I made another daytrip to Leavesden a few weeks ago, where I saw twenty minutes of Order of the Phoenix, which looks fantastic. Also got a chance, before they all took off in their different directions (it was the last week of live actor filming) to talk to Dan, Rupert, Emma and Evanna, which is always wonderful. Dan has changed his theory on Snape; he says he doesn’t want to be like one of those people who are photographed, beaming, next to mad dictators.


Charles Dickens put it better than I ever could:

‘It would concern the reader little, perhaps, to know how sorrowfully the pen is laid down at the close of a two-years’ imaginative task; or how an Author feels as if he were dismissing some portion of himself into the shadowy world, when a crowd of the creatures of his brain are going from him for ever.’

To which I can only sigh, try seventeen years, Charles…

I always knew that Harry’s story would end with the seventh book, but saying goodbye has been just as hard as I always knew it would be. Even while I’m mourning, though, I feel an incredible sense of achievement. I can hardly believe that I’ve finally written the ending I’ve been planning for so many years. I’ve never felt such a mixture of extreme emotions in my life, never dreamed I could feel simultaneously heartbroken and euphoric.

Some of you have expressed a (much more muted!) mixture of happiness and sadness at the prospect of the last book being published, and that has meant more than I can tell you. If it comes as any consolation, I think that there will be plenty to continue arguing and speculating about, even after ‘Deathly Hallows’ comes out. So if you’re not yet ready to quit the message boards, do not despair…

I’m almost scared to admit this, but one thing has stopped me collapsing in a puddle of misery on the floor. While each of the previous Potter books has strong claims on my affections, ‘Deathly Hallows’ is my favourite, and that is the most wonderful way to finish the series.

MAY 14th

A couple of weeks ago (April 28th, if you want to go and search the archive) the Potter fansite The Leaky Cauldron posted an editorial on potential spoilers for “Deathly Hallows”. It made me laugh, but I was also incredibly moved and grateful.

We’re a little under three months away, now, and the first distant rumblings of the weirdness that usually precedes a Harry Potter publication can be heard on the horizon. The Leaky Cauldron’s early mission statement on spoilers (ie, don’t, and we’re not putting them up if you do) is deeply appreciated by yours truly.

I add my own plea to Melissa’s for one reason, and one only: I want the readers who have, in many instances, grown up with Harry, to embark on the last adventure they will share with him without knowing where they are they going.

Some, perhaps, will read this and take the view that all publicity is good publicity, that spoilers are part of hype, and that I am trying to protect sales rather than my readership. However, spoilers won’t stop people buying the book, they never have – all it will do is diminish their pleasure in the book.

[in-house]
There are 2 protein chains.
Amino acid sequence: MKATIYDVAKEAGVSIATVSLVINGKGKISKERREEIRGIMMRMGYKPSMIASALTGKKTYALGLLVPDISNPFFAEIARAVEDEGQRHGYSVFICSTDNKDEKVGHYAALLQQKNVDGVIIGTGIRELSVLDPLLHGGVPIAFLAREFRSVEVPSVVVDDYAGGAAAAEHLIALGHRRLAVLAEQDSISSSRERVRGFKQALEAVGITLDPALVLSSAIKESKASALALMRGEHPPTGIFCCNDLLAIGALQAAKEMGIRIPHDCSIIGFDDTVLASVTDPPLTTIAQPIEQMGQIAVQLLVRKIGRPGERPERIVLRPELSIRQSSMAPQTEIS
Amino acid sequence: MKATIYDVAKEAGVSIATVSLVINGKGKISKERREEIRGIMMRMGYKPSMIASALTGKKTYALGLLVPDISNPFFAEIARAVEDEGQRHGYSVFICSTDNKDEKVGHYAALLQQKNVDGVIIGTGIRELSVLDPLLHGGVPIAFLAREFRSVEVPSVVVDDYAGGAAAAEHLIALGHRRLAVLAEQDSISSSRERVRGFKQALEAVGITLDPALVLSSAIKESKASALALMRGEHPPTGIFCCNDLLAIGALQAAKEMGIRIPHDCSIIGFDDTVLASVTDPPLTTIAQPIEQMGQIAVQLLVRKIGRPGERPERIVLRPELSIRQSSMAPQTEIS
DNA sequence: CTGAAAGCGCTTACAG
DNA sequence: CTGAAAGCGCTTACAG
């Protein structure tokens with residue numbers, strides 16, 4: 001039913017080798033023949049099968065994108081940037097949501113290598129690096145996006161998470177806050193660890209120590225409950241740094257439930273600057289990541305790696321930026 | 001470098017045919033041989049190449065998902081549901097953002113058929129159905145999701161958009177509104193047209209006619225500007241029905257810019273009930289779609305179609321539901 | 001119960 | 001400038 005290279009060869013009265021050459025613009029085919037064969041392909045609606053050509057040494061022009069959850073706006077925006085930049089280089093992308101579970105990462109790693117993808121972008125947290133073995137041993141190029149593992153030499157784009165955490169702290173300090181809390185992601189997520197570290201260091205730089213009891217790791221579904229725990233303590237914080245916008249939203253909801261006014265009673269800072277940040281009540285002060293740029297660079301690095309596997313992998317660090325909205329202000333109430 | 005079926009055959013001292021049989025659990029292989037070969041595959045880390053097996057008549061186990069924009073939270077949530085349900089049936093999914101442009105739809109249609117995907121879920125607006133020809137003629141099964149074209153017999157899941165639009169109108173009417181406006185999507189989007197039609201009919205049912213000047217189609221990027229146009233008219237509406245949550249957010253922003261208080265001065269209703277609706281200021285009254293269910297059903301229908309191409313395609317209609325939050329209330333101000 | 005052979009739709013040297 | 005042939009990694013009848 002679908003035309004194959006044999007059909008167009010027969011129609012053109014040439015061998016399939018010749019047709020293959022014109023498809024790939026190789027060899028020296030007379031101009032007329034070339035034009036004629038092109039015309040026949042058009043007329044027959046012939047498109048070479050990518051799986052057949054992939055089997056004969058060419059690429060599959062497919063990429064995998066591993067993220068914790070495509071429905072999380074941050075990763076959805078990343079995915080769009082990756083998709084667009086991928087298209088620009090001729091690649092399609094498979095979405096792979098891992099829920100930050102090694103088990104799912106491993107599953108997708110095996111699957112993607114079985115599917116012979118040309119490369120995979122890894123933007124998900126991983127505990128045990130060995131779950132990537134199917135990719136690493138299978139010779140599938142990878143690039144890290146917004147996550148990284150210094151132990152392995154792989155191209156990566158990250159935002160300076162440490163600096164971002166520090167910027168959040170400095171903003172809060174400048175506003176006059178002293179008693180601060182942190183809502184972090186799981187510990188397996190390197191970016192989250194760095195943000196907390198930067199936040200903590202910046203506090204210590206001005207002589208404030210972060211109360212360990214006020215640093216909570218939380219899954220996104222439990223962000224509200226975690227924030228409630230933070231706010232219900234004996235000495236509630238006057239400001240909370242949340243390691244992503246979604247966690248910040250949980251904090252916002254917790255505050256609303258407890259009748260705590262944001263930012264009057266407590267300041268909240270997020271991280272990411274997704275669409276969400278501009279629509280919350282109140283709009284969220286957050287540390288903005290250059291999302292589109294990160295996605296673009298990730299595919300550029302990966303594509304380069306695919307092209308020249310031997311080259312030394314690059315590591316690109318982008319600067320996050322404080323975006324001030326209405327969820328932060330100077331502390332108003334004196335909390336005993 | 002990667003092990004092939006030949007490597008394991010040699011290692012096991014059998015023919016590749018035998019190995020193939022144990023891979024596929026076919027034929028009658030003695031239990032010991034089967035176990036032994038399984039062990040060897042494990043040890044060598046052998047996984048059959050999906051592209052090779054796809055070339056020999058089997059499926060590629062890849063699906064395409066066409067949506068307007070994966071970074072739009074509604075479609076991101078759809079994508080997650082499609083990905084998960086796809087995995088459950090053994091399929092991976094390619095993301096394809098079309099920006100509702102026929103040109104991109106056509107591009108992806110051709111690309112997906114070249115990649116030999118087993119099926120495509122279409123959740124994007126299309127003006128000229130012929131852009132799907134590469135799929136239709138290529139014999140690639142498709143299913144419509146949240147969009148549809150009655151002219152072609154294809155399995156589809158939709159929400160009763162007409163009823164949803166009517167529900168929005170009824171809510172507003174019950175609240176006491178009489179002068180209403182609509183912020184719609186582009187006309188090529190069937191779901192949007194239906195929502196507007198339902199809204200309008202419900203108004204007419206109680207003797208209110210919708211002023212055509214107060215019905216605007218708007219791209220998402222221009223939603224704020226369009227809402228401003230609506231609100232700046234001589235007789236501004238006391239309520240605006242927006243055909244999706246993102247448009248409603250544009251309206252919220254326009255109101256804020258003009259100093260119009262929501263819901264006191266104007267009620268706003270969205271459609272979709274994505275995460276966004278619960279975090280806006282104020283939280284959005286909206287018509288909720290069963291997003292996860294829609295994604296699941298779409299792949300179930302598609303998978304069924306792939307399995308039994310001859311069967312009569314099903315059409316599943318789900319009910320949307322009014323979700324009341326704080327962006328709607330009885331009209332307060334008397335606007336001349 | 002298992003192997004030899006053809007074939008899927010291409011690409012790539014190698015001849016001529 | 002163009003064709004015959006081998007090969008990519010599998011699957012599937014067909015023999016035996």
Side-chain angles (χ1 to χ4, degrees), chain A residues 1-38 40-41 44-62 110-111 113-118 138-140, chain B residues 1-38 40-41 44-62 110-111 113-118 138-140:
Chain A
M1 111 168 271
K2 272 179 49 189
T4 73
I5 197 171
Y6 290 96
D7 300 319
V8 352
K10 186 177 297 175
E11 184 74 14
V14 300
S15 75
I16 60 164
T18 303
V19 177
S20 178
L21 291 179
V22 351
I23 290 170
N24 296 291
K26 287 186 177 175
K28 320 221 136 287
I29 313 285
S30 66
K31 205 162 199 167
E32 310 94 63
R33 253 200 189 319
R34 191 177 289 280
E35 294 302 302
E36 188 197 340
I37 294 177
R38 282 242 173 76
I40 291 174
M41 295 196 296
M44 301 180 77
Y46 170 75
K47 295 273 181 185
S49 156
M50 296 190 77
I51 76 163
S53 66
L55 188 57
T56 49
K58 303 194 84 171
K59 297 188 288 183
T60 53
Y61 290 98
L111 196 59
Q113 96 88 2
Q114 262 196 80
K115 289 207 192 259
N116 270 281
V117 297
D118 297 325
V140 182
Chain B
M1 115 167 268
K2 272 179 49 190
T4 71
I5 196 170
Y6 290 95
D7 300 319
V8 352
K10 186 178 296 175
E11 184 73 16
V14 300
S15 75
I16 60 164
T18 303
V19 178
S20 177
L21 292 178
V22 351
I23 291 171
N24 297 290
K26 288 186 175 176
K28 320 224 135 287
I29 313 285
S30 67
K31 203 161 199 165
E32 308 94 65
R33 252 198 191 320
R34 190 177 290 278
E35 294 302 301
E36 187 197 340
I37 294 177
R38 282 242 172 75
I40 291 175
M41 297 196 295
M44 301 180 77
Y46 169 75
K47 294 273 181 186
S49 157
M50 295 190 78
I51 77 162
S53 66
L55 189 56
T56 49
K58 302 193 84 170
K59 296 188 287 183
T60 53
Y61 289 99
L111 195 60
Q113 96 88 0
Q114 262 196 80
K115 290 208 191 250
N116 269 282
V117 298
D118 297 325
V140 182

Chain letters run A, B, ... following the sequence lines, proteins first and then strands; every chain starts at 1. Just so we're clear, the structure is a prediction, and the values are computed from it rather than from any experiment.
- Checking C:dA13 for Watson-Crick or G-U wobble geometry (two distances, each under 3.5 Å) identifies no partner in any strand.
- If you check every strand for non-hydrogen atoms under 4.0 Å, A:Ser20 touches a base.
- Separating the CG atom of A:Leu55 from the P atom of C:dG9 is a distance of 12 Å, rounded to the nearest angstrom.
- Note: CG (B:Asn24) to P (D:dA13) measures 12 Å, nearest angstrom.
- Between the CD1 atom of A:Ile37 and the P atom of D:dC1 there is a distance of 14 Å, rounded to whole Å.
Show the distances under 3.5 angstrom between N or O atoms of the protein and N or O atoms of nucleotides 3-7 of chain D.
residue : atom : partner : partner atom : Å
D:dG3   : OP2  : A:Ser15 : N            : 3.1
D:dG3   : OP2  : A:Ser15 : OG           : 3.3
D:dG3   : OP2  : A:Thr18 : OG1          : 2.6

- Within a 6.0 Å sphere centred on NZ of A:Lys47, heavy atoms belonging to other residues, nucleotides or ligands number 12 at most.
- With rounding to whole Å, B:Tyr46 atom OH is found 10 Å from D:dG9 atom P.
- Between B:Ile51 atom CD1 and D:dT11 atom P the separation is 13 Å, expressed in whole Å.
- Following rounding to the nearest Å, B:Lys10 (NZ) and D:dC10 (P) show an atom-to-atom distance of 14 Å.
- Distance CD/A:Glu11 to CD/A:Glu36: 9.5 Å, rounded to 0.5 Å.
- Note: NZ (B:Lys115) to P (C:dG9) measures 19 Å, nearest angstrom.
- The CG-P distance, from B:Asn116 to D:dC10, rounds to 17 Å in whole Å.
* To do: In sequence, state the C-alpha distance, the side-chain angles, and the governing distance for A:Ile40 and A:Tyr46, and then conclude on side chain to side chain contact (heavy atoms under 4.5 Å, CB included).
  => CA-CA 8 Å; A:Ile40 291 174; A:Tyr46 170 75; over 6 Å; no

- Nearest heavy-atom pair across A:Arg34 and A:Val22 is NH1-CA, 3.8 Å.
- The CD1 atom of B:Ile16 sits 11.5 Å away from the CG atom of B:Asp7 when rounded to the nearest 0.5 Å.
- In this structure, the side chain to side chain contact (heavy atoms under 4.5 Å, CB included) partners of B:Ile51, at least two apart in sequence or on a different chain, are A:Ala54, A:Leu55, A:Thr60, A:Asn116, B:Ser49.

There will always be sad individuals who get their kicks from ruining other people’s fun, but while sites like Leaky take such an active stance against them, we may yet win. Even if the biggest secret gets out – even if somebody discovers the Giant Squid is actually the world’s largest Animagus, which rises from the lake at the eleventh hour, transforms into Godric Gryffindor and… well, I wouldn’t like to spoil it.

JULY 18th

We are almost there! As launch night looms, let’s all, please, ignore the misinformation popping up on the web and in the press on the plot of Harry Potter and the Deathly Hallows. I’d like to ask everyone who calls themselves a Potter fan to help preserve the secrecy of the plot for all those who are looking forward to reading the book at the same time on publication day. In a very short time you will know EVERYTHING!


Where did the last four months go? It feels as though Hallows was published, and then I slipped through some strange time portal in which everything went at double-quick time, only to be spat out in early December.

People keep saying to me, ‘I expect things have calmed down now you’ve finished?’ to which my answer some days is a fairly humourless laugh. I have been exceptionally busy since July, what with the US/Canadian tour, Beedle the Bard, assorted charitable commitments, a massive post-publication mountain of correspondence, plus those three children I insisted on bringing into the world. Consequence: neglect of website! However, I am putting up a few updates today in News (where you will see that I have also been busy with a documentary), FAQs and Extras. I hope to put up a few more titbits in due course.

The US/Canadian tour was my favourite ever. If anybody reading this was in the audience for any of those events, thank you, because they were only as wonderful as they were because of the brilliant questions and the overwhelming warmth of those present.

Delving even further back into the Lost Four Months, the launch of ‘Hallows’ at the Natural History Museum in London was also my favourite of all time, and to all those who queued so long and patiently, you were incredible, and I loved meeting every single one of you.

‘Deathly Hallows’ remains my favourite book of the series. I hope that, even if it is not yours, you understood, at least, that this was where the story was always leading; it was the ending I had planned for seventeen years, and there was more satisfaction than you can probably imagine in finally sharing it with my readers.